Wait, I want to read that again. I want to read to make sure everybody hears it, because anyone who has -- has been involved in this, this is great advice. Seek help, meaning reach out and get help. You know, there`s help out there, lots of it. Law enforcement give it to you. Professional community can give it to you.

Be kind. Don`t seek out anger and aggression and retribution. And then, again, how community information on victim`s assistance program, great, great advice. Thank you for that. I got another caller. Susan, Arizona. What`s up, Susan?


PINSKY: Hi, Susan.

SUSAN: OK. I`m trying to quit my habit of smoking marijuana. I can`t seem to stop on my own.

PINSKY: I know. It`s hard. Marijuana, for some people, is so addictive. How long have you been smoking for?

SUSAN: About four, five years.

PINSKY: And let me show something really interesting to viewers that may not have seen or know people that are addicted to marijuana. You know, there`s very characteristic experience that marijuana addicts have when they first get high from marijuana. Do you remember the first time you got high?


PINSKY: What did you think of the drug that first time made you high?

SUSAN: Like it was really good. Like really calmed me down and was - -

PINSKY: What did you think of marijuana? I kind of liked it or I -- what?


PINSKY: Just kind of like it?


PINSKY: Most people -- I don`t want to put words in your mouth. Most people say, I just loved it. Did you love it?


PINSKY: Yes. And loving it is a very different experience, and it turns out it activates a part of your brain that`s associated with the love and nurturing experience. The anandamide receptor, this is where -- there`s where the cannabis binds, and for some people, will trigger a severe addiction.

When you come off, you can feel paranoid, irritable. You can`t sleep. I bet you`re not sleeping at all when you try to stop, right?


PINSKY: Yes. And there are doctors that can specialize -- that know how to handle this. There`s a medicine called Risperdal. I use a lot of the help people get through this withdrawal period, and go to program called Marijuana Anonymous, MA. You`ll find a whole bunch of people just like you that have been through this, and they`ll support you and refer you to people who know how to help people had this problem.

Not addictive for everybody. It`s a strange drug that way, but for those people whom addictive, when they try to stop, it is really, really tough. So, good luck with that, OK?


PINSKY: Marijuana Anonymous. E-mail here, "I`m 47-year-old woman going through peri-menopause. I`m having an awful time with my sex life. I`ve gained so much weight that I feel disgusting. I have a wonderful boyfriend who wants to please me, but I feel so blah. Help me." That is a great question, my dear. That is from -- let`s see -- Terry.

Terry, listen, this is something that -- how much time do I have? Like a couple of minutes? One minute, oh, my goodness. OK. This is a really important question because not a lot -- enough is made of this out there. Perimenopause can start in your 30s. It can start after pregnancy. People start -- women, your hormones change dramatically in that period of your life, and then, it gets worse as you hit 40 and 50.

Your sex drive can be dramatically affected. Let`s say the responsiveness of your system becomes blunted by the lack of estrogen, lack of testosterone, and I am telling you, doctors do not pay enough attention to this. Sometimes, at your age, if you`re on your 30s, going on a birth control pill can be helpful. but later on, getting estrogen and testosterone replacement. The people do not make enough of this.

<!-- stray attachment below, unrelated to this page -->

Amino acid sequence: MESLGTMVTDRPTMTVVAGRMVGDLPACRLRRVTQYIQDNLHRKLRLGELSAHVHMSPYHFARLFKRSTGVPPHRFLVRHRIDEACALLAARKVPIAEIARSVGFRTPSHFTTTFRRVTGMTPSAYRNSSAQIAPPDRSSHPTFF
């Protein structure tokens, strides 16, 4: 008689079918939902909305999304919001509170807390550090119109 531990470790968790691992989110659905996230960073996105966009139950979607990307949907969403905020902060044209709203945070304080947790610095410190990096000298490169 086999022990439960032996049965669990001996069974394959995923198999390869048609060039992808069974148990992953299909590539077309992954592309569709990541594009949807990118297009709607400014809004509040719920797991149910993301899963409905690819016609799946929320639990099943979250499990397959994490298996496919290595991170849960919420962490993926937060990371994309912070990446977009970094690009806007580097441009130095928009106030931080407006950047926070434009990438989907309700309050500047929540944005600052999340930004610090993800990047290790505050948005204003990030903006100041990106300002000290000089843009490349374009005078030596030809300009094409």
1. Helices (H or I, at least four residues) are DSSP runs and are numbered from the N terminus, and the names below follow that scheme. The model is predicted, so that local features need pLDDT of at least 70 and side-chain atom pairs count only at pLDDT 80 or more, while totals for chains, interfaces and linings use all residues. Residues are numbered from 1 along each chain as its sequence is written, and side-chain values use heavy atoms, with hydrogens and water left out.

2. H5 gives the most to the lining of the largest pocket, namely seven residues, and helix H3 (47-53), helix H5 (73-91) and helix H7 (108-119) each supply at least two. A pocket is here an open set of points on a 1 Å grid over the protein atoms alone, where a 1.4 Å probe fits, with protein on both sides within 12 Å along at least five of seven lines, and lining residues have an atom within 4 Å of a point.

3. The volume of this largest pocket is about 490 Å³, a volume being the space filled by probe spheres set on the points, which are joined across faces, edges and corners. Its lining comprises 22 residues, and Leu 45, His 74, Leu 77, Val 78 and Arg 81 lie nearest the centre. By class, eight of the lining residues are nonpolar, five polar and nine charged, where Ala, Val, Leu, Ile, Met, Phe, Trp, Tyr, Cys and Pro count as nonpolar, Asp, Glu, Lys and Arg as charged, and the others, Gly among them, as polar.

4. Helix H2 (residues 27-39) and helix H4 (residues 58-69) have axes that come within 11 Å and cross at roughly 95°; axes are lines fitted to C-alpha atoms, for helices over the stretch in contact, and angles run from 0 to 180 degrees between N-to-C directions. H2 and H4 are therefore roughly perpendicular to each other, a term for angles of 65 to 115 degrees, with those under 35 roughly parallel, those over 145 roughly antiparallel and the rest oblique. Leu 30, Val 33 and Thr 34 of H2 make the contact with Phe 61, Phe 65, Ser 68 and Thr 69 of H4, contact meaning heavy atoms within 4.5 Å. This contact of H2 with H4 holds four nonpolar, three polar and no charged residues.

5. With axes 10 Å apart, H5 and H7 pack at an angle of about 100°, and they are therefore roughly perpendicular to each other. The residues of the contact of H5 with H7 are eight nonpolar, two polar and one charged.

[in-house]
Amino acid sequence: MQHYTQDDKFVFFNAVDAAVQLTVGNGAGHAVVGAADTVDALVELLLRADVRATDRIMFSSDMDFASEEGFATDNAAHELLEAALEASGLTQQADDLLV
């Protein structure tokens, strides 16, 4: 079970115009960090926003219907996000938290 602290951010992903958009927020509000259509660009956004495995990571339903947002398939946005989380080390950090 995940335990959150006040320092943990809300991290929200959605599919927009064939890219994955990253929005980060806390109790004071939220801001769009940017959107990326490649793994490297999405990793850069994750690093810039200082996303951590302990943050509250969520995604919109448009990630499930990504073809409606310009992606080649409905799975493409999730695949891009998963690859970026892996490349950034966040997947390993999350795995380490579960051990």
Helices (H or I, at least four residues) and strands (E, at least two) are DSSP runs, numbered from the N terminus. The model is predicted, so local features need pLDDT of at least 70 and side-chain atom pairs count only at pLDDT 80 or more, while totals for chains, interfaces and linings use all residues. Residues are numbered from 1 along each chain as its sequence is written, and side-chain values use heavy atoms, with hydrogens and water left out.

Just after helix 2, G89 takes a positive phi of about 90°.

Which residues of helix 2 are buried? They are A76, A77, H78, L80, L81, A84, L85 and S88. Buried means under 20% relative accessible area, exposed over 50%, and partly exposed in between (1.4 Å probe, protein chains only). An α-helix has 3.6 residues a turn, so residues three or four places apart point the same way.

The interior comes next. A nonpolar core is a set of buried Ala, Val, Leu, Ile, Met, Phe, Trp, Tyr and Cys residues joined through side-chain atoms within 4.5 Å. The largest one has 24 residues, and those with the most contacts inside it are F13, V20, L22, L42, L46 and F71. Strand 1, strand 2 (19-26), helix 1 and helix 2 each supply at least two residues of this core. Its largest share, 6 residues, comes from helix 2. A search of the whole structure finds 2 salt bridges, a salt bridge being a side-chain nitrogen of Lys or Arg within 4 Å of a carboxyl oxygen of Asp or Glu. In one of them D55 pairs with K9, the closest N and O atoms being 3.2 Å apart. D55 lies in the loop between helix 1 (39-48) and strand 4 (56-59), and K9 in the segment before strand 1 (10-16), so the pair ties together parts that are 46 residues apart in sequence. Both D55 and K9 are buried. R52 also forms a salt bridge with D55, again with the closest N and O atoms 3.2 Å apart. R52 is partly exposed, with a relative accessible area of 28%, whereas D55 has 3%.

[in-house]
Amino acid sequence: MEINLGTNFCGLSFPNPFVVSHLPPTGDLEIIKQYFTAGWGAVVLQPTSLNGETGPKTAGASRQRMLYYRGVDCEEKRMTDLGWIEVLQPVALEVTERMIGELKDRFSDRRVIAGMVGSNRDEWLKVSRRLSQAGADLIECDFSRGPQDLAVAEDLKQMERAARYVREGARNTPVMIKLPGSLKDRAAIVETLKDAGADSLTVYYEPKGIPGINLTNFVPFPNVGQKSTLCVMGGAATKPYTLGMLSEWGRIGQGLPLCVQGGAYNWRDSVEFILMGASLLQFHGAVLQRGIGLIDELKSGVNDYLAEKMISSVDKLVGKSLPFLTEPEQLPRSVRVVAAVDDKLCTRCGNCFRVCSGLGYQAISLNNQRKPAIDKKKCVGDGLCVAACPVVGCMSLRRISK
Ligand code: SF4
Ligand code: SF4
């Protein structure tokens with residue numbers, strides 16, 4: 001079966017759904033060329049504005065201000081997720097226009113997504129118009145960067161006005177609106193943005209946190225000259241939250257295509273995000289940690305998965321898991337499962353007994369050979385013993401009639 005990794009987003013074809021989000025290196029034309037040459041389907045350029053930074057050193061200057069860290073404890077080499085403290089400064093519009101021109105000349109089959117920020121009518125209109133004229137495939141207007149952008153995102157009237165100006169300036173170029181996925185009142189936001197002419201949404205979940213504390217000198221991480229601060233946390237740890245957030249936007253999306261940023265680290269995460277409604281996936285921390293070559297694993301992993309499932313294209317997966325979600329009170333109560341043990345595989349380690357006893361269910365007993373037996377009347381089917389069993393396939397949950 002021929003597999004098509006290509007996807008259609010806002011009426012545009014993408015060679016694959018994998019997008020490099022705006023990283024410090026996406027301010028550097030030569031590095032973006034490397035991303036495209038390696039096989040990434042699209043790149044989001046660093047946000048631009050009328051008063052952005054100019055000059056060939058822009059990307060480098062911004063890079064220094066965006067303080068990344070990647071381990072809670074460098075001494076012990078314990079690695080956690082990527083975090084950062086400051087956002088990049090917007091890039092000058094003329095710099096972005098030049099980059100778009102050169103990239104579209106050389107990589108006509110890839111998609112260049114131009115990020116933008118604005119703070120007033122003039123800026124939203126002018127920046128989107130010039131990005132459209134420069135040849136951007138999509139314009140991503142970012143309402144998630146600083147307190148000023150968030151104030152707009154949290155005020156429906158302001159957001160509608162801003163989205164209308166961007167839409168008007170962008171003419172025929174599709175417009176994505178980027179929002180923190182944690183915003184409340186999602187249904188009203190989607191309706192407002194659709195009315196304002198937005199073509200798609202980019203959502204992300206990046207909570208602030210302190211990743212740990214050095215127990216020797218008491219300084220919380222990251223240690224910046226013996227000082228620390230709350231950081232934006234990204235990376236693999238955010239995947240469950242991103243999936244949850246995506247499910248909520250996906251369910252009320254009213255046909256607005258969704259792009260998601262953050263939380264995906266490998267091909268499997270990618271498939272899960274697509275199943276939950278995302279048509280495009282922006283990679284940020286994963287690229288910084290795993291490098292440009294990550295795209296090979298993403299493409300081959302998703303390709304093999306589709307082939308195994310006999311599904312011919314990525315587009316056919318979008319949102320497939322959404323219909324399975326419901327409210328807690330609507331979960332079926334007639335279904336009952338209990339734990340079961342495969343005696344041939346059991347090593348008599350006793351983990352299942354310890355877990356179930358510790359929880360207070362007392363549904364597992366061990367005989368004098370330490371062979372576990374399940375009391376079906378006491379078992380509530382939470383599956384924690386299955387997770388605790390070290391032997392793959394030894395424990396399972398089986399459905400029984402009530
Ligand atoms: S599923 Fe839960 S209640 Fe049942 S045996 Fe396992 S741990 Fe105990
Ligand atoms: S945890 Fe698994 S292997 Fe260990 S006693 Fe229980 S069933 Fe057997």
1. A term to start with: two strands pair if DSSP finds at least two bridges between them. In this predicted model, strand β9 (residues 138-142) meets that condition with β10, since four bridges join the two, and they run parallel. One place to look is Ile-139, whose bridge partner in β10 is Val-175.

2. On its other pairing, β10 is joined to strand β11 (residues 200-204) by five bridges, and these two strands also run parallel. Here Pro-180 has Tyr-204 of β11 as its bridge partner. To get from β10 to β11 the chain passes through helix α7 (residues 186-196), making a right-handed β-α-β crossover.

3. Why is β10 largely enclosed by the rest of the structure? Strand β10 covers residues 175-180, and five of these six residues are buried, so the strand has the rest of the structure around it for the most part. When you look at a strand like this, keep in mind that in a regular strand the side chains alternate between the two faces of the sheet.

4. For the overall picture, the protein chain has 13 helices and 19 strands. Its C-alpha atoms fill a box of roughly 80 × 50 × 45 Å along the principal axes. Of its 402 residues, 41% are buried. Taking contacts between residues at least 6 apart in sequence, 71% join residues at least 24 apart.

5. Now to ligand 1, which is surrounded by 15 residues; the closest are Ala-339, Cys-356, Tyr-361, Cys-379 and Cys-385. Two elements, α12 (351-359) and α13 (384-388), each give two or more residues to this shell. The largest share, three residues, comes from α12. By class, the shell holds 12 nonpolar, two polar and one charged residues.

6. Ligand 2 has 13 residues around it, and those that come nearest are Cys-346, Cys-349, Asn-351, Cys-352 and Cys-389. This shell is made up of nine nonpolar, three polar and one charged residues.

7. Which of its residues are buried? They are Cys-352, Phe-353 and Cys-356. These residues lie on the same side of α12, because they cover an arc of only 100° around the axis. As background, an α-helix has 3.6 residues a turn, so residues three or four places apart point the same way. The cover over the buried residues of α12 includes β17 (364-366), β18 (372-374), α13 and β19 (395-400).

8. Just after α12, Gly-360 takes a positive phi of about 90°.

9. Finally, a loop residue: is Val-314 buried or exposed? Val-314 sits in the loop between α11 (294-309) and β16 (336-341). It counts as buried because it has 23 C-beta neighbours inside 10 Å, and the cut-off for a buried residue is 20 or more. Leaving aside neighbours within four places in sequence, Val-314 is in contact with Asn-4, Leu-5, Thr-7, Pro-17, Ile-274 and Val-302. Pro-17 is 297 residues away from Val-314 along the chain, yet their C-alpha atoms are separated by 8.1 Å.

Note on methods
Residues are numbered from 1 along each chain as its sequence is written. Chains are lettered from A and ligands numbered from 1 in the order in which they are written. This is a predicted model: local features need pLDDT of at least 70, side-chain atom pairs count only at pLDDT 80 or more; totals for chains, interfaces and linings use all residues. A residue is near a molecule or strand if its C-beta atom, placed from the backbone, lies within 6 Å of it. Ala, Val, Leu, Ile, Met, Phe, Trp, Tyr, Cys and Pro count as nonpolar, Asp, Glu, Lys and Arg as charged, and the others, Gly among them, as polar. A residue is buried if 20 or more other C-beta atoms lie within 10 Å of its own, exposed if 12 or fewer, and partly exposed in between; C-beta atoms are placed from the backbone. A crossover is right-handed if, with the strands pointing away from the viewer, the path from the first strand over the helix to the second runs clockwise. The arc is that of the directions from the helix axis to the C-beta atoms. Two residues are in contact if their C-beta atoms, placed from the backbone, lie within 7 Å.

For women, when they get the testosterone replacement, they -- I`ve got a number of people in my life, women who got on sort of bio-identical testosterone kinds of replacements, and they were actually angry because no one had told them about it sooner, like a part of themselves had been restored. And, I`m telling you, most doctors don`t pay enough attention to this.

Now, of course, there`s a lot of controversy about estrogen replacement, which is the female hormone. Does it cause breast cancer? What about uterine cancer? How did it (ph) protect against these things? So, it`s a risk-benefit analysis. But I`m telling you something, do not assume it`s you or something about you or something about your relationship. More often than not, it is the biology. And that biology needed to be attended to by an expert.

So, find a doctor, go online, find somebody who really works with these issues. There are also sort of natural ways of supplementing these things, but it is that biology. You deserve more than somebody just saying, just live with it or maybe you don`t -- maybe your boyfriend or husband too long, nonsense. It`s the biology. Pay attention to that.

Next up, Tom Arnold`s sister, Lori, talks about her life as -- get this -- the Queen of Methamphetamine. She was an addict, she was a felon, she doesn`t seem to have a lot of regrets. That after this.


PINSKY: Welcome back. Now, Tom Arnold has joined us on this show a couple of times, several times, actually, and he recently told us about his more recent relapse and struggling with pain medication, on the heels of the Whitney Houston story. Thought it was important to come clean about that and really talk about how easily this all happens.

But tonight, we`re going to meet his sister. She owned a 144-acre horse ranch, a big home, an airplane, and even more, a lifestyle that was fit for a queen. This queen happened, though, to be the Queen of Meth. She has spent most of the last 20 years in prison. She was convicted from -- because of selling methamphetamine. She was a major supplier making $200,000 or more a week.

Please welcome, Tom Arnold`s sister, Lori Arnold. Lori, hi. Thanks for joining us. Now, I`m going to quote -- read you a quote that you have said and sort of have you react to it. You said the following, quote, "I probably ruined a few lives. Sometimes, I feel guilty, but I made millions of dollars and I had a blast doing it." Can you respond to that?